Feldman’s best pitch is his curveball, which has generated a 12% whiff rate, and sports a paltry .138 BAA. He locates it quite well, too, burying it at or below the bottom of the strikezone, and generating both swing-and-misses and weak contact. You can see that here:



Injury History

Feldman’s injury history is magnified due to his current injury, which is a bit more foreboding than the usual knee injury would suggest. He needed microfracture surgery for an injury to the same knee back in 2011, and he missed over 100 games as a result. There has been no indication that this current injury is related in any way, or that its severity could have been exacerbated as a result of the prior surgery – but it’s something that happened, and it’s the same body part.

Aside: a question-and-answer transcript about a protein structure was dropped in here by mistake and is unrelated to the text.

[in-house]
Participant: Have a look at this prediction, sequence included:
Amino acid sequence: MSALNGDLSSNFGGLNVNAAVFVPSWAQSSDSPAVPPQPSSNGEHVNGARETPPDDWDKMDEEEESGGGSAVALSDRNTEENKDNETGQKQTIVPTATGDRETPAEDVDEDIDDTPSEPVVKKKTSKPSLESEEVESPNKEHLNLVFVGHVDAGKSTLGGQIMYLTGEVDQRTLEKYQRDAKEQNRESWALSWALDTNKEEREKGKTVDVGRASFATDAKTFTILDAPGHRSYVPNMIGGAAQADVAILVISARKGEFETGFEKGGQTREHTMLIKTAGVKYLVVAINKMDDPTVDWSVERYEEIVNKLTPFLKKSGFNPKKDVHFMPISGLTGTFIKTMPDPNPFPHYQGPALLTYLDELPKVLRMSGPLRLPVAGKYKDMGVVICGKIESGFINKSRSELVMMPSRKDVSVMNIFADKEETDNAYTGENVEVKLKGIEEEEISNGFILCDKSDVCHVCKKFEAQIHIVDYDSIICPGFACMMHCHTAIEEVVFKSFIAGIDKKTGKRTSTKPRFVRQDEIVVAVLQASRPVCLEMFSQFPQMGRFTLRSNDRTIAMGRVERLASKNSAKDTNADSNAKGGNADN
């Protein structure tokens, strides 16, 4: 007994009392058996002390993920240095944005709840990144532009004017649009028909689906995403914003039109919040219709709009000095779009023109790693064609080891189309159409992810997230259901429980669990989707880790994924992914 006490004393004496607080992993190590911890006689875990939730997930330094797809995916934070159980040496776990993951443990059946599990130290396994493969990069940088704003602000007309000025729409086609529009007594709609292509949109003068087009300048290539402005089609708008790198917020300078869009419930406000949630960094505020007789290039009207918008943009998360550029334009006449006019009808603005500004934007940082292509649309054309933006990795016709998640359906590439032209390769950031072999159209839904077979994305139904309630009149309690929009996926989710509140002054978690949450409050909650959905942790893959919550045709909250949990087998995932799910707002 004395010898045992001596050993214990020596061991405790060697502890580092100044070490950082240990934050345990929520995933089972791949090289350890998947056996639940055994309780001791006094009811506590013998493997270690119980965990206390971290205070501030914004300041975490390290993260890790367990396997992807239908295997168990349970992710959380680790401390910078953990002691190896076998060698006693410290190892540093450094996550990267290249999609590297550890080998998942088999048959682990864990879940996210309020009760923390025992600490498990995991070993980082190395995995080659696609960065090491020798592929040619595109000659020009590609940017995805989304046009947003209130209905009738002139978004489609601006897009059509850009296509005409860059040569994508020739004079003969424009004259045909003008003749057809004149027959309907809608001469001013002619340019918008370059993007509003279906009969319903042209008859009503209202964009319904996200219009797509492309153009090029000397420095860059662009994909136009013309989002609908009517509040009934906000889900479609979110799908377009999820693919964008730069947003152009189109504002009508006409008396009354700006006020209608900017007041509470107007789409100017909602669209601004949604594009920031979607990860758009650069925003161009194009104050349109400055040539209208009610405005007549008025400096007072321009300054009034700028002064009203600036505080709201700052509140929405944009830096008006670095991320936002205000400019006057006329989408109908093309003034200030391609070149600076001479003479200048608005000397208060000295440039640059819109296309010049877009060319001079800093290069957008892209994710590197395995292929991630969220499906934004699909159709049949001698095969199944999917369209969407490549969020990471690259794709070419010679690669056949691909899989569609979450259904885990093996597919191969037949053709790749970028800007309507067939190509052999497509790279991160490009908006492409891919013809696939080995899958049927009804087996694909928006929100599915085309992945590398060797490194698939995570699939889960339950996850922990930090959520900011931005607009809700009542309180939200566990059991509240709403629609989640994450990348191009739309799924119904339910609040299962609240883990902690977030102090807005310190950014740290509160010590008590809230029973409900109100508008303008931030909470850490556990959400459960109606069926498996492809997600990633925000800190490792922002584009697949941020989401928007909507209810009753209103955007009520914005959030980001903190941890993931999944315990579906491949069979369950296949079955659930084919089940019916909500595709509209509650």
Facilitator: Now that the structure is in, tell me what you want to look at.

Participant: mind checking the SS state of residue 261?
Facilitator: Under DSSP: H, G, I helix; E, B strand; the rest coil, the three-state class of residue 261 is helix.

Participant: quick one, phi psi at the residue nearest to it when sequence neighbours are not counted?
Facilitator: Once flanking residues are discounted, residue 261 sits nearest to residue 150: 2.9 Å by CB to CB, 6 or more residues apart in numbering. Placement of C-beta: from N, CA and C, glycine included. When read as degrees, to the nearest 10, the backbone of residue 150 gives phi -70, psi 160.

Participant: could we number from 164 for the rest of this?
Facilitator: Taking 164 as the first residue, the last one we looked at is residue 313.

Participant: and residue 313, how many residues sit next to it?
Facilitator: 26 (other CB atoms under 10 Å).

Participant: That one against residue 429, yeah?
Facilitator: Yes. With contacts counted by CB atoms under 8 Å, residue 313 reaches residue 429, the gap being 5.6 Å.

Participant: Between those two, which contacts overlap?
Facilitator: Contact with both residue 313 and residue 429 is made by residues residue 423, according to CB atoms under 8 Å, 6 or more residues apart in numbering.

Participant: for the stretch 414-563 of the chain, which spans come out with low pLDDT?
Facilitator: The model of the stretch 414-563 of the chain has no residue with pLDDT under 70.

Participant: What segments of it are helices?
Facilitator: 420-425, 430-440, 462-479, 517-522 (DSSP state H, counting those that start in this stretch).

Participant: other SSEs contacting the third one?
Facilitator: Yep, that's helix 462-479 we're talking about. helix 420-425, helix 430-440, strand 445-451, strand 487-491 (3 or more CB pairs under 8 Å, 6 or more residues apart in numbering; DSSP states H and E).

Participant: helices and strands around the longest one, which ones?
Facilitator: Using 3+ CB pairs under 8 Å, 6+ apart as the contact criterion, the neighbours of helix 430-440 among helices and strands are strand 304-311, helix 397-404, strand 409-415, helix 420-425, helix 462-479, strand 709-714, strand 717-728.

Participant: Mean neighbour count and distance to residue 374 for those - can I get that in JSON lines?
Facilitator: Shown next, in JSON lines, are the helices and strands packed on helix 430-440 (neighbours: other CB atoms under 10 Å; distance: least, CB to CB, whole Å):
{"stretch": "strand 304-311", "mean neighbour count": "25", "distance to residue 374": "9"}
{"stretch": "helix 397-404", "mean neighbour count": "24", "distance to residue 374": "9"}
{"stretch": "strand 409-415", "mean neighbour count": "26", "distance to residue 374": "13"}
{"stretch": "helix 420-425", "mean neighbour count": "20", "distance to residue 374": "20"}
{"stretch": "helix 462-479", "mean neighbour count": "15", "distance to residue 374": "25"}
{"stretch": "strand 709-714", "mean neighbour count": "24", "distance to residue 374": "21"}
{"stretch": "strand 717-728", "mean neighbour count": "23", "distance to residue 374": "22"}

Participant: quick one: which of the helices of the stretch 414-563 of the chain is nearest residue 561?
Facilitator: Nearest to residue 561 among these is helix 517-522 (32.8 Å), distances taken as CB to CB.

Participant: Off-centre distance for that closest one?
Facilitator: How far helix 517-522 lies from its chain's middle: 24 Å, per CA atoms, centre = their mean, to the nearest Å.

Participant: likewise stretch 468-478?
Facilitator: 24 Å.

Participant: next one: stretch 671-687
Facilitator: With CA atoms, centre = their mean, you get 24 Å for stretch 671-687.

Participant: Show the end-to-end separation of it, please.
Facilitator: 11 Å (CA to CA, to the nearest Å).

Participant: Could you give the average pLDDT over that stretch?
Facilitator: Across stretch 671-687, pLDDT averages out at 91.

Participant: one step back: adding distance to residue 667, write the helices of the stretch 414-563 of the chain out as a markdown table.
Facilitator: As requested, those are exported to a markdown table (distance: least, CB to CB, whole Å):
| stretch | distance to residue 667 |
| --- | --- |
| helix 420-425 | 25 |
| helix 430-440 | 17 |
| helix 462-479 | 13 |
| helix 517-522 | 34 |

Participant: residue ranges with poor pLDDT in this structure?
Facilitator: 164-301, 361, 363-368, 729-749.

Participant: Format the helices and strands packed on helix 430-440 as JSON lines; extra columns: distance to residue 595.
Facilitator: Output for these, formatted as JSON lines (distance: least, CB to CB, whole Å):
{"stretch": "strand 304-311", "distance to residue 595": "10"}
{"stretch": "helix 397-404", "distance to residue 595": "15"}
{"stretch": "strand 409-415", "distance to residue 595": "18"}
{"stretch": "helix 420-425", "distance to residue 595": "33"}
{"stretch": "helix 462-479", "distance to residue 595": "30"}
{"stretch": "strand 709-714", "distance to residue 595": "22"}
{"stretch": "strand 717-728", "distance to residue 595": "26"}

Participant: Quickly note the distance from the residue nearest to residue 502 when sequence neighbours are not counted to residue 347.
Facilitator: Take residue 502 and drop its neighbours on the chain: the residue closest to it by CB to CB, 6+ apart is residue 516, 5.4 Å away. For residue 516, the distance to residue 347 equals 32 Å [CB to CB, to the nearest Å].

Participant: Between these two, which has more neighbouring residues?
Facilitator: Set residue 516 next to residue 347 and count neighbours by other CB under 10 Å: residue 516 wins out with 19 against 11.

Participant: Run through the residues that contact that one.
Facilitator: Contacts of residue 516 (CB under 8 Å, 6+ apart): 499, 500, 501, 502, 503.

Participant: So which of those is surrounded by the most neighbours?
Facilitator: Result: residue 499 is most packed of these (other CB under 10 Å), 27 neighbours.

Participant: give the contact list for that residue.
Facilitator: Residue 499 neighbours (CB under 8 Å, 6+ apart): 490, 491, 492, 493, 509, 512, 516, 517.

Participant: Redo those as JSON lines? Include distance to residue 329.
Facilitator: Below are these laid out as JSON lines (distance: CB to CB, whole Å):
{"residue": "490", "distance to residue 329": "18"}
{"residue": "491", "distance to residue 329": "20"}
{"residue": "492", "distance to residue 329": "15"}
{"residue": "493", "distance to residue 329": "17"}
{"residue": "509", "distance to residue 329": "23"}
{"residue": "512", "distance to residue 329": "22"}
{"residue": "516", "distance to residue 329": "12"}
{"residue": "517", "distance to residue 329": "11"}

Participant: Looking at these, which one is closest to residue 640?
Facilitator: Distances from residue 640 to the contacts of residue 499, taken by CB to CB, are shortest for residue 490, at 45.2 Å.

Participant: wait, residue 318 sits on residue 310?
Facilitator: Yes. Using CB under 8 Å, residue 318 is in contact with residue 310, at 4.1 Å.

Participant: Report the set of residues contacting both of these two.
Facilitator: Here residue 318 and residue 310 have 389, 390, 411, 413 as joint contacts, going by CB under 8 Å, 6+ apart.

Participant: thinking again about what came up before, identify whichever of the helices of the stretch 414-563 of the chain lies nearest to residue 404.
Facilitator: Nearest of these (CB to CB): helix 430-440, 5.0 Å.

Arm-wise, Feldman has been mostly healthy since having Tommy John Surgery back in 2003. He missed three starts in 2014 with biceps tendinitis, but that’s about it.

Contract Status

Feldman will be a free agent after this year, and is owed around $1 MM for the remainder of the season.

What Would It Take?

Mike laid out the expected cost for an average-ish rental when he discussed Jaime Garcia, and that’s worth checking out. The short version is a solid prospect or two, but nothing that’ll leave the fans up in arms.

That being said, Feldman is a special case due to his injury issue. There are already rumors swirling that he’ll end up being dealt before the waiver trade deadline instead, as teams wait for him to get healthy and prove that he can still contribute. Were the Yankees (or another team) to pounce now, throwing a bit of caution to the wind, the price would ostensibly be lower. Whether or not the Reds would make the deal now is another question entirely.